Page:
Avoiding the congestion on I-5, we stayed on Pacific Coast Highway. I had believed the smoke and ash had been bad near our apartment. I was wrong. As we entered Del Mar and Solana Beach, the air became thick and black ash, embers, and smoke. Even with the windows closed, it was hard to breathe and my eyes watered. Many people were wearing goggles and masks, especially if they were outside. The ocean was slick, glassy and brown, poisoned by the smokey haze. We had entered another universe. Maybe we had stepped into Mordor from Lord of the Rings. We were surrounded by trailers full of livestock--horses, cows, llamas, goats. I was disgusted at the sight of a guy trying to pawn air filters for $10 a pop on the side of the road. Way to take advantage of other people's nightmares for your own personal gain, buddy. We got on the 5 in Carlsbad and had a pretty easy commute north to San Clemente, just north of the Camp Pendleton Marine Base. The sky was blue and clear, and I could see the sun. I felt safe.
traffic on I-5 headed into Orange County to escape the fires
We checked into our hotel, exhausted. A 50 minute drive had just taken us 3 hours. Luckily, we had reserved our room that morning. The hotel (and all those around) had no vacancies, much to the dismay of the other evacuees lining up in the office. Unfortunately, there was more fire to worry about. There were fires in Orange County, Riverside County, and Los Angeles County. We still couldn't really drive north or east without hitting more flames. If we had to move again, our only option would be to catch a ferry to Catalina Island and lay low there for a few days. Luckily, the winds weren't as strong up north, and the firefighters were having a much better time getting the fires under control. I slept fitfully and woke up with a stiff neck from sleeping on a cheap hotel bed but was relieved to see that the fires hadn't spread towards the hotel during the night. On the other hand, I hated not being able to get much info on the fires in San Diego. I felt so cut off. We met several other evacuees at the hotel, also accompanied by their pets and exchanged tired smiles.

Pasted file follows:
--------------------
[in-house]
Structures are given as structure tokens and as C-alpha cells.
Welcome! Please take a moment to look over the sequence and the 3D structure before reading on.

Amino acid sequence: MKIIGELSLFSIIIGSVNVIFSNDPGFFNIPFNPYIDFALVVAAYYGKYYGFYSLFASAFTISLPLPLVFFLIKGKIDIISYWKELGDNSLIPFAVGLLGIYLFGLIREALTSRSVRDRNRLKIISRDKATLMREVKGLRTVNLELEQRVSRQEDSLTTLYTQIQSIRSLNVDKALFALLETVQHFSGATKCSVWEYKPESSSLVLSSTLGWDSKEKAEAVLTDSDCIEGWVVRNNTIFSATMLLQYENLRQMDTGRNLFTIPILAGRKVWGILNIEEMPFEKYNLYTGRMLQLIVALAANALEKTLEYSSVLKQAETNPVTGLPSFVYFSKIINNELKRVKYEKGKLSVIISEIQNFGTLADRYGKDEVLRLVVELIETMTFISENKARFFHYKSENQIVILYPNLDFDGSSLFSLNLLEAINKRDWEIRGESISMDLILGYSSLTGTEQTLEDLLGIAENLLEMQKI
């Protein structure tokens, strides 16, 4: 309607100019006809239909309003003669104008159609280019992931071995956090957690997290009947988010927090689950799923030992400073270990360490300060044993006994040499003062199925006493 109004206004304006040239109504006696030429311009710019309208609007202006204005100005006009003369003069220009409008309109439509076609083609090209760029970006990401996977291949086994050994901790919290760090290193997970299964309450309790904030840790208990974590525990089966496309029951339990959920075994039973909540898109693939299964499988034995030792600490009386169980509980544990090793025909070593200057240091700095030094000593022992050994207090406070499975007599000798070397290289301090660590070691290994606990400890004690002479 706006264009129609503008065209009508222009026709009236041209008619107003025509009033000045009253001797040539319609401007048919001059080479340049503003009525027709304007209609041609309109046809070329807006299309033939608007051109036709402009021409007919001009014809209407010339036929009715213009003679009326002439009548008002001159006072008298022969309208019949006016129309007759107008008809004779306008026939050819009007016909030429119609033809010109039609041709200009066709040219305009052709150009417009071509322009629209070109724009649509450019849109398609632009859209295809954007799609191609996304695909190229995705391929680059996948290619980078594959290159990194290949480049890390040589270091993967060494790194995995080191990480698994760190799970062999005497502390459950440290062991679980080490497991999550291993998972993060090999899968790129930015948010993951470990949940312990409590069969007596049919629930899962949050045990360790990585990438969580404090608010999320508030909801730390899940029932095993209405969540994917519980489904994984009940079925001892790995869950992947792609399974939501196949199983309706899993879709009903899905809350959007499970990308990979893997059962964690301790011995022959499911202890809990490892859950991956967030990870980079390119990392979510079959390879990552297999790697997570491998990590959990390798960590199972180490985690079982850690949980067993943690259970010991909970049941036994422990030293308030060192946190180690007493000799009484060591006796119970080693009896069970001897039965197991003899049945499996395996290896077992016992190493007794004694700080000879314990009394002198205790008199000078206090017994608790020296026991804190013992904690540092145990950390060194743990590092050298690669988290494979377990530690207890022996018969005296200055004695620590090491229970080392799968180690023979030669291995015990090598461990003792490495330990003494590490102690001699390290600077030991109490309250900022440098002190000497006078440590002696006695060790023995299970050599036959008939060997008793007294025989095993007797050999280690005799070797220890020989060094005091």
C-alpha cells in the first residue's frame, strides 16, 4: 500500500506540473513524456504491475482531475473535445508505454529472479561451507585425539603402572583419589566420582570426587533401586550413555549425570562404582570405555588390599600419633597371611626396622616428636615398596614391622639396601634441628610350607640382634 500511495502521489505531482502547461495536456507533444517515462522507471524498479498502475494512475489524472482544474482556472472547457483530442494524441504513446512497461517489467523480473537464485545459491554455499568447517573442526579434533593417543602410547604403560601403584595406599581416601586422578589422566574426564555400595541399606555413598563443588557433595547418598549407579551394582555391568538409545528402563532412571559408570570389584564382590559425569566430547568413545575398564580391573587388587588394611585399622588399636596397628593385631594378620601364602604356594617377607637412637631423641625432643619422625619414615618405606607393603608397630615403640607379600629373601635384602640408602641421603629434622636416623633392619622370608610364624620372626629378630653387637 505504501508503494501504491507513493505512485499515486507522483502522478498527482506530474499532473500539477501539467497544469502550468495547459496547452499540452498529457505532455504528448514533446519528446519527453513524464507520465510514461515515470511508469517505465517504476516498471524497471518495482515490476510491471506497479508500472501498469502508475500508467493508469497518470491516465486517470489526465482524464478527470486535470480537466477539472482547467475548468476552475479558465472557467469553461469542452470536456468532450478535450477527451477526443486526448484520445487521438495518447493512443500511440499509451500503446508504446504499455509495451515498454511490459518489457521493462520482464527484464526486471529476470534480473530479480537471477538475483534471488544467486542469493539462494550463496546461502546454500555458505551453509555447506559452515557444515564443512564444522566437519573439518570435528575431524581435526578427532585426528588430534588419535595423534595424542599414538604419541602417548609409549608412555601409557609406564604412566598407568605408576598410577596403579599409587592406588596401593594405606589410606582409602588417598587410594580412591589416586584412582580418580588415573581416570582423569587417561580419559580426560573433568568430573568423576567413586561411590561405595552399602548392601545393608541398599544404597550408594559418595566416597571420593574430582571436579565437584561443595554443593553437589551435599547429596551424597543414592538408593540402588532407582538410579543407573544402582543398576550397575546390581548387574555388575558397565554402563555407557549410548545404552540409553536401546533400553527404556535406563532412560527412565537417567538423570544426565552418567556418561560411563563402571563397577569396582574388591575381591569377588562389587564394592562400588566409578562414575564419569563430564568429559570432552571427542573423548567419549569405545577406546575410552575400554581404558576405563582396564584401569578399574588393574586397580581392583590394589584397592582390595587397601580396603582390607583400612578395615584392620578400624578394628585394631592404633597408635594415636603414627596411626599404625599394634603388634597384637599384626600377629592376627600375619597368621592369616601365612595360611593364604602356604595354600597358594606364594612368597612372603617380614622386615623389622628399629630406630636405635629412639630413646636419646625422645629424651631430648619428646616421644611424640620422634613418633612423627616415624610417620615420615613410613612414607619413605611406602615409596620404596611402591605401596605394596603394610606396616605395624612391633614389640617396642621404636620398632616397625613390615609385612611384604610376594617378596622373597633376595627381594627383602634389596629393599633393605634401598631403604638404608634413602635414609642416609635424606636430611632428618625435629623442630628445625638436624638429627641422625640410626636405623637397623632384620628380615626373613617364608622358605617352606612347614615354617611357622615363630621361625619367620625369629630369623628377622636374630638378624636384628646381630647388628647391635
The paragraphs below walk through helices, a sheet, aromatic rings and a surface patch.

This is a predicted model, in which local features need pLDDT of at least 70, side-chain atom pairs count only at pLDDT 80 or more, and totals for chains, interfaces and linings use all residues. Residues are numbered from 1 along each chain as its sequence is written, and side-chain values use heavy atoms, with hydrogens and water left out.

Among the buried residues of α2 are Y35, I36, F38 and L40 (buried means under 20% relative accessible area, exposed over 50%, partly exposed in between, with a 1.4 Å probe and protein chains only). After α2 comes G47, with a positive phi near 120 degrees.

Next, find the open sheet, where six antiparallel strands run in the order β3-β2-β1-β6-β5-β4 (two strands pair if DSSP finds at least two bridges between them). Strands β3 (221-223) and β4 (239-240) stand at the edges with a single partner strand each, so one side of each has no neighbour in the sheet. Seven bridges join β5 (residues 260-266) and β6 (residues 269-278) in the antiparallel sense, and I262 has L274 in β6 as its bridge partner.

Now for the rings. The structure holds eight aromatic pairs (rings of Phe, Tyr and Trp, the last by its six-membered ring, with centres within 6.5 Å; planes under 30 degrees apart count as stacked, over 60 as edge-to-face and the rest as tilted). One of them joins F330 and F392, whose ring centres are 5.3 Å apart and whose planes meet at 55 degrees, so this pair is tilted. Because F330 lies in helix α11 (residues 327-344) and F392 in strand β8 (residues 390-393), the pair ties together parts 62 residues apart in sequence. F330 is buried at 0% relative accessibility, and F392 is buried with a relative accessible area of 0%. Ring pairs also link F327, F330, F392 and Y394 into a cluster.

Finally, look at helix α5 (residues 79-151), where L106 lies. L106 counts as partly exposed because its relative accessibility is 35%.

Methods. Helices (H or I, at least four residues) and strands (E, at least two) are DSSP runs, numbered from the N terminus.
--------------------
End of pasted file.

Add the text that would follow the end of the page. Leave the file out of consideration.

Once we were able to receive news of the fires in San Diego, by Tuesday night, we felt it was safe enough to return home. The winds have died down and the firefighters are able to more effectively fight the fires. They are still only 5-10% contained but they aren't spreading as rapidly, and we are not in immediate danger, nor are we in a projected path of any of the fires. Jason looked at me as we were driving home and asked, "What do you think it will look like when we get home." I just shuddered.